Sometimes you wonder how No. 2-ranked Pliskova, the Czech Republic's 6-foot-1 power server, has managed not to win a Grand Slam title. She's been ranked No. 1, beaten both Serena and Venus Williams in the same Grand Slam tournament and played a major final. History suggests she should come with the warning label: "Contents may dissolve under pressure." And she's already 27 years old.
But wait. While just eight men and 10 women in the Open era won their first major titles at age 26 or later, eight of those women did it fairly recently, between 2010 and 2018 (Halep was the last to accomplish it). With a few exceptions, Pliskova played tough if not always winning tennis last year. At the 2019 Australian Open, she recovered from match point down to defeat Serena Williams and played an high-quality final against Osaka.
Last week, Pliskova had the composure to outhit and outlast Osaka and Keys in back-to-back three-set matches to win the title in Brisbane. She'll be a definite threat in Melbourne.
Federer walking a razor's edge
While Nadal and Djokovic were flexing their muscles in an ATP Cup clash, Serena and Ash and Naomi were tuning up their games, Federer was responding to climate activists, including Greta Thunberg, who called out the Swiss star on social media for his commercial relationship with Credit Suisse, a bank that invests heavily in fossil fuel-related industries.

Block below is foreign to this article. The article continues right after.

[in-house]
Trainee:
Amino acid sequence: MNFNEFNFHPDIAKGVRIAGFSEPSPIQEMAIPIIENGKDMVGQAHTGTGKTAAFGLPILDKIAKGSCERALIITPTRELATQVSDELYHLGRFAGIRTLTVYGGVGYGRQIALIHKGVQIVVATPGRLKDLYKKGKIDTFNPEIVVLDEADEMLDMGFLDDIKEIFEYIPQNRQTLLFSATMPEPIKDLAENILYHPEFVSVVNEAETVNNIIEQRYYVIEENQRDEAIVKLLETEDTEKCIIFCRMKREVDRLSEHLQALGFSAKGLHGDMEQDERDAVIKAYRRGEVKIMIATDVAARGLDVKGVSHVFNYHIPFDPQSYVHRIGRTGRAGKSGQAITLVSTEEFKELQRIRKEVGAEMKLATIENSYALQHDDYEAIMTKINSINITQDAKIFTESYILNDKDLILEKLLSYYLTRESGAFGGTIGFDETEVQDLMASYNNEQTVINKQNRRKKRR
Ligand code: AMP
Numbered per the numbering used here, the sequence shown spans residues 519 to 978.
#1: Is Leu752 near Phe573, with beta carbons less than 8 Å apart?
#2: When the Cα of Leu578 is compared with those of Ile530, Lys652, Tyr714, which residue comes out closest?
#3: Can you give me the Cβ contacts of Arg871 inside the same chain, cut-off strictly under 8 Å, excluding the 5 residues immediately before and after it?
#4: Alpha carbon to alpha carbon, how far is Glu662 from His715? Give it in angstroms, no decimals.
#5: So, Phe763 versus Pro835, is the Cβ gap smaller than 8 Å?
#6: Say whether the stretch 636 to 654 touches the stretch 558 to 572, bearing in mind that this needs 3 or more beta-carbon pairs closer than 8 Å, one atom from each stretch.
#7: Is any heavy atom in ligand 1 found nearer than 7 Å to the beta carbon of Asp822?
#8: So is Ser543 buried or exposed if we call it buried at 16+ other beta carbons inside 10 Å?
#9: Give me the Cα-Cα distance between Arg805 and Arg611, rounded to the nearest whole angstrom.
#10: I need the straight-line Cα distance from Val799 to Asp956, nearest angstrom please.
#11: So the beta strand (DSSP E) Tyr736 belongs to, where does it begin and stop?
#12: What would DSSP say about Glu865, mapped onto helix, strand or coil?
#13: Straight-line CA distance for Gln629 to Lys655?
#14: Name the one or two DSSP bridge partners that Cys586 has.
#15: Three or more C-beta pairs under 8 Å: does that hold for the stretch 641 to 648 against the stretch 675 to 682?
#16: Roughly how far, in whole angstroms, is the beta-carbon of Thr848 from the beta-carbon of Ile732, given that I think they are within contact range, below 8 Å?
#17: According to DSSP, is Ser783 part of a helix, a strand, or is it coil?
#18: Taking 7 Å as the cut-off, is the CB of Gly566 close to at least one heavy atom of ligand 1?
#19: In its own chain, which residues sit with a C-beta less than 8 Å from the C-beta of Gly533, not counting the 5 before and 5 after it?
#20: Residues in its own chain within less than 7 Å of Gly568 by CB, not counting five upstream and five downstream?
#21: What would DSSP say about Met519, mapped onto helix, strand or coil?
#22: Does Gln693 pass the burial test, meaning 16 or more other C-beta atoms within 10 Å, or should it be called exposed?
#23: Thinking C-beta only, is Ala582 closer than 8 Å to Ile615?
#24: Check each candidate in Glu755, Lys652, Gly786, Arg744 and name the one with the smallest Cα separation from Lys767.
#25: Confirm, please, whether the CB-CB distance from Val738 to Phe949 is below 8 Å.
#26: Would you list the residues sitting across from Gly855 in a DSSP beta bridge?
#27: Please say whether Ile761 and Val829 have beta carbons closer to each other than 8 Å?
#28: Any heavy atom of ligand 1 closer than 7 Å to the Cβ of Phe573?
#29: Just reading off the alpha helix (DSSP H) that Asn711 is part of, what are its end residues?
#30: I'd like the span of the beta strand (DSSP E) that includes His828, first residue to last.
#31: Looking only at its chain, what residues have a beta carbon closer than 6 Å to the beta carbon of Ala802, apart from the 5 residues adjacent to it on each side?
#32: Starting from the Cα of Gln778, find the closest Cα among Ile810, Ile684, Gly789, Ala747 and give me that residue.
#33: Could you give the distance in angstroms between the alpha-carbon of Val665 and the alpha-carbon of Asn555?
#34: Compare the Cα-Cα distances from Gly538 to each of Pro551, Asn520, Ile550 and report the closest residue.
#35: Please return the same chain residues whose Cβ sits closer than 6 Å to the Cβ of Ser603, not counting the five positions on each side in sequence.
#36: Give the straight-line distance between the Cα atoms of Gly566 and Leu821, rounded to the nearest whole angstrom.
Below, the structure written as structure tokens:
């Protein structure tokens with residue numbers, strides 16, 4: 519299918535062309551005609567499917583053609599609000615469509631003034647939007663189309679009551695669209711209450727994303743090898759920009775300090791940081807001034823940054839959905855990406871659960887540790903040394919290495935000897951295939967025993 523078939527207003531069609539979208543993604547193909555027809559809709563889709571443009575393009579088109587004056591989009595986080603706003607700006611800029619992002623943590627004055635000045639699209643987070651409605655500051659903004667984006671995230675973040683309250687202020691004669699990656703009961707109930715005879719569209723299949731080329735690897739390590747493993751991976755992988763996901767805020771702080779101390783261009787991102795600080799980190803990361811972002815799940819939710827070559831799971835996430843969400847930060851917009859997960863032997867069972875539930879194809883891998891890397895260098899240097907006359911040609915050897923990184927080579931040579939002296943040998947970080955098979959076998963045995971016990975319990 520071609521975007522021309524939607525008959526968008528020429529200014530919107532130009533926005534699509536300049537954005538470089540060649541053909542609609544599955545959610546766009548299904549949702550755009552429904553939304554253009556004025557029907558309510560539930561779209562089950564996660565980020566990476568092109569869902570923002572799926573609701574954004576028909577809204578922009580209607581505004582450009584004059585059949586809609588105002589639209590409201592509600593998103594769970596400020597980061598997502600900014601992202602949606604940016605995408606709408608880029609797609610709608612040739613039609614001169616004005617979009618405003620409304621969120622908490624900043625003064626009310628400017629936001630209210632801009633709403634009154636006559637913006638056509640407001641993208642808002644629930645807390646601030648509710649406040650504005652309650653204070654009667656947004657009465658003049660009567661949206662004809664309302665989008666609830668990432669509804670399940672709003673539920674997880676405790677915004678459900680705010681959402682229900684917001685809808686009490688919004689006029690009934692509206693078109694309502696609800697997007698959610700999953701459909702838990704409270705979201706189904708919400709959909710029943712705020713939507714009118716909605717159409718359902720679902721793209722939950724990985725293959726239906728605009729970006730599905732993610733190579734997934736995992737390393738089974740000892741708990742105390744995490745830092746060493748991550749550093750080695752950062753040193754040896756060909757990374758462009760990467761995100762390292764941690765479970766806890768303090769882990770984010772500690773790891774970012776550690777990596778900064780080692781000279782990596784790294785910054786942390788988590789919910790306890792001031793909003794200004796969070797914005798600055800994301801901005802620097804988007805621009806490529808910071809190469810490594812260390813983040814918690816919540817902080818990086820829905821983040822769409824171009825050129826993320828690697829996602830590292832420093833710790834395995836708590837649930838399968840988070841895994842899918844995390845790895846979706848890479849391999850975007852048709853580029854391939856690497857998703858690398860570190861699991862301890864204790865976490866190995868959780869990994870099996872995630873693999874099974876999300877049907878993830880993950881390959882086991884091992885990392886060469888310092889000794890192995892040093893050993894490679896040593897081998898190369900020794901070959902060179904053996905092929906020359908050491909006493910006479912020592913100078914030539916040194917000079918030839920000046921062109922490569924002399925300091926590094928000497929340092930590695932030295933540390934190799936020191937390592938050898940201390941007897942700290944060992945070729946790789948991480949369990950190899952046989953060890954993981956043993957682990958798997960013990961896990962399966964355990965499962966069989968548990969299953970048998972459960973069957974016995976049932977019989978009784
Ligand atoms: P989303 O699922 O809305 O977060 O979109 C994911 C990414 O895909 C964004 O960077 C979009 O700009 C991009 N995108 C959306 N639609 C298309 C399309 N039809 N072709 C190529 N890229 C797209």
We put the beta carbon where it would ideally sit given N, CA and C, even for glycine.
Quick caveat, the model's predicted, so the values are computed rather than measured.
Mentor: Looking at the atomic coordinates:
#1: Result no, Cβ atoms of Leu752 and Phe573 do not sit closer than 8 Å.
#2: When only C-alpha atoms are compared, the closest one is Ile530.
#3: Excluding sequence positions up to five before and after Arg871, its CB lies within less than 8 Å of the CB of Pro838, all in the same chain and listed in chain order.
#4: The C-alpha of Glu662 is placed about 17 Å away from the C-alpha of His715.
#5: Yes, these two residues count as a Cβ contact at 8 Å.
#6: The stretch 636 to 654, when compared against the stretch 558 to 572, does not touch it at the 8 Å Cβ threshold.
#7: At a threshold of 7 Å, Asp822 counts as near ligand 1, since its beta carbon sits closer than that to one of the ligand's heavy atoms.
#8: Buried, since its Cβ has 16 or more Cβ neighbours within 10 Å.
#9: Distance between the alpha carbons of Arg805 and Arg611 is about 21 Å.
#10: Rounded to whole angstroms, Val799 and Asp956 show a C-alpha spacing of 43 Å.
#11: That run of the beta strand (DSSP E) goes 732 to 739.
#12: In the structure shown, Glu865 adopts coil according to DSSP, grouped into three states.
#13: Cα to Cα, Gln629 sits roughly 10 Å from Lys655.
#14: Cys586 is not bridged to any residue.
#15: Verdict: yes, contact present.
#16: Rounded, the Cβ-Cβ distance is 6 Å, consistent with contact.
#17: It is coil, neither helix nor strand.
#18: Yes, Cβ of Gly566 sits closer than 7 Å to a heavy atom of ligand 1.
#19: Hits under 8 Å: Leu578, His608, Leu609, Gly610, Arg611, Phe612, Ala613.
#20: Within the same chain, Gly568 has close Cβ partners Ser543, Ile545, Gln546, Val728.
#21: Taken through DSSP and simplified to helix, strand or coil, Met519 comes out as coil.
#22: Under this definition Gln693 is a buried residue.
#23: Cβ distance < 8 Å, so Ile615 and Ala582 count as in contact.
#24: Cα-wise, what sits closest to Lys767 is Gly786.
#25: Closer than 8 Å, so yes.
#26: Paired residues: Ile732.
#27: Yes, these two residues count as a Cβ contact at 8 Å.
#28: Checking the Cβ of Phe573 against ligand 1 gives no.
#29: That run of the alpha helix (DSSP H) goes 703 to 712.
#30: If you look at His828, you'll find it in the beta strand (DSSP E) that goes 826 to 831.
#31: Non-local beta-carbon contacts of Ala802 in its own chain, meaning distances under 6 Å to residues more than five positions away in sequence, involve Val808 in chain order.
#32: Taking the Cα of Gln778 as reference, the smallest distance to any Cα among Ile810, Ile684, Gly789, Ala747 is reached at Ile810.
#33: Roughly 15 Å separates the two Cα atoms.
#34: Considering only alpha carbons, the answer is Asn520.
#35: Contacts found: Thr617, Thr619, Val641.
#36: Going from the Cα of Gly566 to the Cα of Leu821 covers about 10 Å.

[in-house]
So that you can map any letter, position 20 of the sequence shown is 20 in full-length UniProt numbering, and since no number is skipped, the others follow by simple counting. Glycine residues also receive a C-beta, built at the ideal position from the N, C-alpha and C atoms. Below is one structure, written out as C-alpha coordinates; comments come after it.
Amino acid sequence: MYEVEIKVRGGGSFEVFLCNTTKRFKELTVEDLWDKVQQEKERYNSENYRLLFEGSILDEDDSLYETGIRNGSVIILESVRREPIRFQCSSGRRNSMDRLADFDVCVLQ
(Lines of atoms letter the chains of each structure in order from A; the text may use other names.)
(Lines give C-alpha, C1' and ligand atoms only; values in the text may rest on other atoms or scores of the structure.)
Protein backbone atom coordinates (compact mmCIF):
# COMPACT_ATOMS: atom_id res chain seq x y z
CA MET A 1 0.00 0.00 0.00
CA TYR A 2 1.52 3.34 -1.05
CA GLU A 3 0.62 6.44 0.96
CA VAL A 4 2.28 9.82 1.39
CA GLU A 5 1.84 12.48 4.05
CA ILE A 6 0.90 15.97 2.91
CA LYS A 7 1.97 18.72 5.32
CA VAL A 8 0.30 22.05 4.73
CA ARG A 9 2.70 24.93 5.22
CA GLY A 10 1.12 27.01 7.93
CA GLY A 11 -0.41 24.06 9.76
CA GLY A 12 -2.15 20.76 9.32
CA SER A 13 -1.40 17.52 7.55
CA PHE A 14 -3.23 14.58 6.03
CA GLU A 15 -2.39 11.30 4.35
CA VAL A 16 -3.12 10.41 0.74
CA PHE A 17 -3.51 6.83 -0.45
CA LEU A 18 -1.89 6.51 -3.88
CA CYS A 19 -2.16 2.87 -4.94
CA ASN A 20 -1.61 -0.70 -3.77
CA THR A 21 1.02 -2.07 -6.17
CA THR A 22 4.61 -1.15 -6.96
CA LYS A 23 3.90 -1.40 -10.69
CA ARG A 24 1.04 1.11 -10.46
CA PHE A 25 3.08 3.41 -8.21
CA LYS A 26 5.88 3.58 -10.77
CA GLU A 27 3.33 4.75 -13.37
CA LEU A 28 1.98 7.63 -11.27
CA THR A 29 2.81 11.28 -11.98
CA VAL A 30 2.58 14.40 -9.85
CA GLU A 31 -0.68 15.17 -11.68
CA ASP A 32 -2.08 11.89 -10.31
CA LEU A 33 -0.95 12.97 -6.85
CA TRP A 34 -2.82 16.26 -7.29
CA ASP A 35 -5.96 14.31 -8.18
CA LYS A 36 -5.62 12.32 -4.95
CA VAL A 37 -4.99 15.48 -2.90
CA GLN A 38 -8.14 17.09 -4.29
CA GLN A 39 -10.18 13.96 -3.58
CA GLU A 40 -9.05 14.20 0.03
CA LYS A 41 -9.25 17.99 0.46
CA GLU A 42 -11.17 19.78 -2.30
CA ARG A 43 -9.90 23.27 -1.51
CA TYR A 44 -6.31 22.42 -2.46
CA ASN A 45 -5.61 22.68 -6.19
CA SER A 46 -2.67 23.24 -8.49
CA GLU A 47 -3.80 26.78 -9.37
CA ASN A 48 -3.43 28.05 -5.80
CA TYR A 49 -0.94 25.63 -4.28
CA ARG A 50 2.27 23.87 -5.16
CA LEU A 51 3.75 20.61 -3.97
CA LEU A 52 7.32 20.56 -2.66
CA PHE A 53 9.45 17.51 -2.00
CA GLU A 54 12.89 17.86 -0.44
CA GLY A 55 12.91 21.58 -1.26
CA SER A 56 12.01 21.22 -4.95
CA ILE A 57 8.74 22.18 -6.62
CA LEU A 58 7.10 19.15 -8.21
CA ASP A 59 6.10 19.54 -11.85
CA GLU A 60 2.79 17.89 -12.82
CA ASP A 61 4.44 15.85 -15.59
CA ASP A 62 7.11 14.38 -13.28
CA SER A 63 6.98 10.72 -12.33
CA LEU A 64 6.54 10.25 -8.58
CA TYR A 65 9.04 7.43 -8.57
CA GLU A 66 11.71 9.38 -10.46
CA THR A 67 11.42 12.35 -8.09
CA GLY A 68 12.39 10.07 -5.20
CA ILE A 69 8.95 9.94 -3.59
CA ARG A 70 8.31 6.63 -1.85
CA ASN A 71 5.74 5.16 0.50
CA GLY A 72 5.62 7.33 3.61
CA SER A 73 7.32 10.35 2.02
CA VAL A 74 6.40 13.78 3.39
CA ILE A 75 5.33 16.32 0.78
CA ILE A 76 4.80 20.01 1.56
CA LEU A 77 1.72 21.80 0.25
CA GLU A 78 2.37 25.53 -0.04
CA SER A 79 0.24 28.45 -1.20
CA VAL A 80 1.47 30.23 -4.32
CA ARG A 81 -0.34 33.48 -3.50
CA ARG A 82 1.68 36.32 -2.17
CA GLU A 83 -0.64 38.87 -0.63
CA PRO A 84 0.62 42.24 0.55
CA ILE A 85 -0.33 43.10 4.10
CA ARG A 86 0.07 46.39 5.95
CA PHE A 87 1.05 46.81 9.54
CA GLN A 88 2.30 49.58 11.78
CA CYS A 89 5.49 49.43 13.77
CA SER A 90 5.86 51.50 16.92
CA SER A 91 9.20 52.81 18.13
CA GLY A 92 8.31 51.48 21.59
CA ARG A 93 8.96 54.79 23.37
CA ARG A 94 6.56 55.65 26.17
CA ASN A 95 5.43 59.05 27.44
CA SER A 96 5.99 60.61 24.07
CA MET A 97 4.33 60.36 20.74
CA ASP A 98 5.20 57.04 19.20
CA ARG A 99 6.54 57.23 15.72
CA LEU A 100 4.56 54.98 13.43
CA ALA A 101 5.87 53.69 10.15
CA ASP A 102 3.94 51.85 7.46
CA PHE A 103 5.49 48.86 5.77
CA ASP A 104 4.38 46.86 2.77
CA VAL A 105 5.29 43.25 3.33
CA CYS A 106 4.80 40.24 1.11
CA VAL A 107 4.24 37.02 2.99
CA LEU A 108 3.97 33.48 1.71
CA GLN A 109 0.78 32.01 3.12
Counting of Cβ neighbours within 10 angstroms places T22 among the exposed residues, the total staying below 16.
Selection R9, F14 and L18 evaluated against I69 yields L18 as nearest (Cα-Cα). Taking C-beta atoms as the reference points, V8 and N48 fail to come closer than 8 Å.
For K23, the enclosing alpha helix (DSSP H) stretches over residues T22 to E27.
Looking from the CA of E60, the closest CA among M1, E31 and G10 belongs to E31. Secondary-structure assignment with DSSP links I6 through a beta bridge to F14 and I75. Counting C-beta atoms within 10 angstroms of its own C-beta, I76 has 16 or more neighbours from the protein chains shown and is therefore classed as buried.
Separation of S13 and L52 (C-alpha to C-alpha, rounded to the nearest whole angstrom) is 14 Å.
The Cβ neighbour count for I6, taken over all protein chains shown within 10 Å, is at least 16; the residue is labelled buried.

Federer, who is in Melbourne preparing for the Australian Open, released a statement this weekend in response.
"I take the impacts and threat of climate change very seriously, particularly as my family and I arrive in Australia amidst devastation from the bushfires," said Federer's statement, sent to Reuters.
"As the father of four young children and a fervent supporter of universal education, I have a great deal of respect and admiration for the youth climate movement, and I am grateful to young climate activists for pushing us all to examine our behaviours and act on innovative solutions.
"We owe it to them and ourselves to listen. I appreciate reminders of my responsibility as a private individual, as an athlete and as an entrepreneur, and I'm committed to using this privileged position to dialogue on important issues with my sponsors."
On Wednesday, Federer will be one of the headliners, along with Williams and Nadal, for the Rally for Relief charity event at Rod Laver Arena, with proceeds going to bushfire relief efforts.
Federer seems to be getting better preparation for a role in public office than an appearance in the second week of a Grand Slam event. He launched his amazing late-career surge with a win at the Australian Open in 2017, but he's been as far as the finals in just one of his past six majors.
While he's presumably healthy and fit, he hasn't played an official match since early November. Federer extols the virtues of leading a well-balanced life and escaping from the prison of profession, but in a sport based on repetition and familiarity with the psychological stress of competition he's leaving himself very little margin for error.